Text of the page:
NIS5132, 3.6A 12V Resettable Electronic Fuse, marking 32:
http://www.diodes.com/datasheets/NIS5132.pdf
http://www.onsemi.com/pub_link/Collateral/NIS5232-D.PDF

If either e-fuse is faulty, it can be bypassed, provided that there are no other faults.

@needspractice, if you have a multimeter (~US$5), I can help you to determine where the problem is.

Be aware that PCB supplier hdd-parts.com includes a free ROM transfer in the price.
 

needspractice

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I've never heard of anyone damaging a Seagate hard drive by using a PCB with a foreign "ROM".

The behaviour in Windows could be due to Windows detecting the bridge but not the drive behind the bridge. How does Windows deal with a drive-less enclosure?

I suspect that WD's adapter has the same specs as Seagate's, probably +12VDC, 1.5A, 2A or 3A, centre pin positive, There should be a diagram on the adapter.

This Seagate model does not have TVS diodes. Instead it has two electronic fuses.

MP5010S, Monolithic Power, 5V, 1A - 5A Programmable Current Limit Switch, marking AGK, QFN10:
https://www.monolithicpower.com/DesktopModules/DocumentManage/API/Document/GetDocument?id=1422

NIS5132, 3.6A 12V Resettable Electronic Fuse, marking 32:
http://www.diodes.com/datasheets/NIS5132.pdf
http://www.onsemi.com/pub_link/Collateral/NIS5232-D.PDF

If either e-fuse is faulty, it can be bypassed, provided that there are no other faults.

@needspractice, if you have a multimeter (~US$5), I can help you to determine where the problem is.

Be aware that PCB supplier hdd-parts.com includes a free ROM transfer in the price.
Foreign, ROM... Aw, that is good news, because I will be getting some boards in soon. I will pop it on and see if it at least boots up because it is dead silent right now, doesn't even turn on. I know I wont be able to read the data, however, this will give me hope that its not a major issue like a crashed platter or something.

Yes, I can confirm that the diagrams match on the adapters. The WD is 3.0 A and the Seagate is 2A.

Have no idea about the two differences between TVS or Fuses, is one better than the other in this situation?

Yea, I can try to bypass something, what is the best way to do that? What do I need?

I did by a brand new multi-meter, so hopefully I am ready to go.

I have seen that, about them installing the ROM however, I am nervous about putting this rom in the mail. If this thing gets lost its over right? If I burn this ROM by swapping it out to another board or it gets lost in the mail its game over. Well unless a professional does a full platter swap or something. Big Bucks.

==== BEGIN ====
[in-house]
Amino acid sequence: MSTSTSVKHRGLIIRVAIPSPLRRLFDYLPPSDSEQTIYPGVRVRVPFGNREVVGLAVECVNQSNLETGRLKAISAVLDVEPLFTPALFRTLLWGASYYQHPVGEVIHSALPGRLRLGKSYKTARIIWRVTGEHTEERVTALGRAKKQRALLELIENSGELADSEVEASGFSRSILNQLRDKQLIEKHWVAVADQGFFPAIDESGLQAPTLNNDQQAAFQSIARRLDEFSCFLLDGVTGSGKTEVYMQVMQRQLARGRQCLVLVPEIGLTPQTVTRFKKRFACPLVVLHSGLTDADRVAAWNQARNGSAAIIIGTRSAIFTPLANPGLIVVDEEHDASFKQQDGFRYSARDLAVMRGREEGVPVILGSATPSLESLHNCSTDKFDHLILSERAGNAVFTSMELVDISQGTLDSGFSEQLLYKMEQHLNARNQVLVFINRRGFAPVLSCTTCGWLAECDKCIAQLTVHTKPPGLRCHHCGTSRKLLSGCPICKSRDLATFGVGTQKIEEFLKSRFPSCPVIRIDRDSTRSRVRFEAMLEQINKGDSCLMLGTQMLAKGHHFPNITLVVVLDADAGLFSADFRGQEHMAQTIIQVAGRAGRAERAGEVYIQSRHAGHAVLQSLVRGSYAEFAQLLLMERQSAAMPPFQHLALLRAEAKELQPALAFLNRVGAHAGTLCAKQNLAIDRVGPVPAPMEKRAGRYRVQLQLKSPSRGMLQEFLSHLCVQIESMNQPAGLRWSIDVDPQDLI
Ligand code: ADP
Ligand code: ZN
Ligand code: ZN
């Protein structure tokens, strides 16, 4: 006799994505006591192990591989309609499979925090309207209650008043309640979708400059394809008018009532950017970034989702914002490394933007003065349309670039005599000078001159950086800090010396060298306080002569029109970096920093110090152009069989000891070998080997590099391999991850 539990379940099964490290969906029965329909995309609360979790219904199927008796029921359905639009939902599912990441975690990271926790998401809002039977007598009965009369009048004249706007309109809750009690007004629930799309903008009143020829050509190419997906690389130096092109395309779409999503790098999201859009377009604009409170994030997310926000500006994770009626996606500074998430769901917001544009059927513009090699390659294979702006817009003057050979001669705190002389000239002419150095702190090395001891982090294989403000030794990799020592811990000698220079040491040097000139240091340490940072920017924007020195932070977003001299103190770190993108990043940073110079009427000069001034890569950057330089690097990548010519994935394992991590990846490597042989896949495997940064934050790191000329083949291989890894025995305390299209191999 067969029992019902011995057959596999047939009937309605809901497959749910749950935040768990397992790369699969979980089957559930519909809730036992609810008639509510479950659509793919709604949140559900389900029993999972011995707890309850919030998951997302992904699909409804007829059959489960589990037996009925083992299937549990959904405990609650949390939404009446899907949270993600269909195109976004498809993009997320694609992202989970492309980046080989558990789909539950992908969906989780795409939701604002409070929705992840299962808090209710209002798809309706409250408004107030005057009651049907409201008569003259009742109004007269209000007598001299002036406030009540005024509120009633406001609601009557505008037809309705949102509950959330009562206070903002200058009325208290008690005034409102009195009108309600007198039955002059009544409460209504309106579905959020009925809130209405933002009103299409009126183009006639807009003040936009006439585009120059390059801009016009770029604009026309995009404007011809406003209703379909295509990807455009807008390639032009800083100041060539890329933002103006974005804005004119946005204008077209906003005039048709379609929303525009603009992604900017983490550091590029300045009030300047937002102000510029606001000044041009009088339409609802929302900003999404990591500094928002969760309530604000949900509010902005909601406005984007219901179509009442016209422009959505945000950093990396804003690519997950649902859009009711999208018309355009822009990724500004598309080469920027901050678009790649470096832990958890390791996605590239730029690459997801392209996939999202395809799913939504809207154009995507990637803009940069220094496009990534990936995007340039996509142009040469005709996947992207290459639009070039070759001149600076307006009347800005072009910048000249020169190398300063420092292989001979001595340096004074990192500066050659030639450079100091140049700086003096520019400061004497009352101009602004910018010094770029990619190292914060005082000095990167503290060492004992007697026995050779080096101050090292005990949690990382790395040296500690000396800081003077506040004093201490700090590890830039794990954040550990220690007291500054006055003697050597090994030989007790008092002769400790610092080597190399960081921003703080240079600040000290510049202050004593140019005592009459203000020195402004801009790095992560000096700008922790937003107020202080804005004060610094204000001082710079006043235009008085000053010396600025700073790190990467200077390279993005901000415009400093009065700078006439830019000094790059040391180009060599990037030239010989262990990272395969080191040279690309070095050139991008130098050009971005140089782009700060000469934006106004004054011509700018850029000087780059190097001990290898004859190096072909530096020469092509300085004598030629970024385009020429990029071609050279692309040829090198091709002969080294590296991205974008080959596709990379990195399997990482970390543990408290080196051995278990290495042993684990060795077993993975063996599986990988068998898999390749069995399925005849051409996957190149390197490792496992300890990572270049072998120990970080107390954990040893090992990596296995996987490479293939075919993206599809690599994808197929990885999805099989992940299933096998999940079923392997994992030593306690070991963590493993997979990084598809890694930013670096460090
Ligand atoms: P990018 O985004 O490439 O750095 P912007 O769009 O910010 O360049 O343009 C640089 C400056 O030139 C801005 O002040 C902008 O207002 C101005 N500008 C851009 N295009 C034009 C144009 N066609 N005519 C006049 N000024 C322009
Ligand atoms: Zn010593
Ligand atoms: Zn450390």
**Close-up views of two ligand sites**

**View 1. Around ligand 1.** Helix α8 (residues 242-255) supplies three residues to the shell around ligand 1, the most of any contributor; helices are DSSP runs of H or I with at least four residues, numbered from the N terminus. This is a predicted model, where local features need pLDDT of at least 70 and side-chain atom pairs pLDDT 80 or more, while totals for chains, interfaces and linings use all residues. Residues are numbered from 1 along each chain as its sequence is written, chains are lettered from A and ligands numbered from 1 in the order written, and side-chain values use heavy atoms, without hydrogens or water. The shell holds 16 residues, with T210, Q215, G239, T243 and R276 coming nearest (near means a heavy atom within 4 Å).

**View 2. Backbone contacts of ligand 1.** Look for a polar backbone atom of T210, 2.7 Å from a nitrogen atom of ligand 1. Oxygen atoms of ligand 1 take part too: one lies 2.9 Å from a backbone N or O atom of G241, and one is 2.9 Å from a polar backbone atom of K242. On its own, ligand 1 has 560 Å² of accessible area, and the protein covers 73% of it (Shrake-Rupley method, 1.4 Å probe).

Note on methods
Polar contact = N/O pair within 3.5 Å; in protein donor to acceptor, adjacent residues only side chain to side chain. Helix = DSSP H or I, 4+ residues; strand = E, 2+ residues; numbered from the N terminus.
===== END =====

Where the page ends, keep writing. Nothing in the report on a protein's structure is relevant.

Again, thank you so much for your help, greatly appreciated.
 

needspractice

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I would measure the following voltages. Use a screw hole as the ground reference.

http://www.users.on.net/~fzabkar/HDD/ST8000AS0002/
wow. this is cool.

Ok so I hope I set my multi meter right after watching a video.

Mosfet:

High current passes through Vb, Vc, and Vd however, it appears that Va is dead; it reads 0.0 or maybe for a second .01 and then 0.0

Vneg:

Plenty of current running through it

efuses:

no issues here, plenty of current running through everything.

regs:

no issues here as well; lots of current running on these. However, both V2's maxed out at .650

Recap:

So it seems the only issue is Mosfet: Va could this really cause the entire drive to not operate?
 
What are the voltage readings? +12V? +5V? +3.3V? +1.8V? -5V? +0.9V?

etc, etc

Edit:

Before you get into trouble, take an alkaline AA or AAA or 9V battery and use your multimeter to measure their voltages. Once you achieve the correct results (1.5V / 1.6V or 9V), then you're ready to go. Also see what happens when you reverse the probes.
 

needspractice

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What are the voltage readings? +12V? +5V? +3.3V? +1.8V? -5V? +0.9V?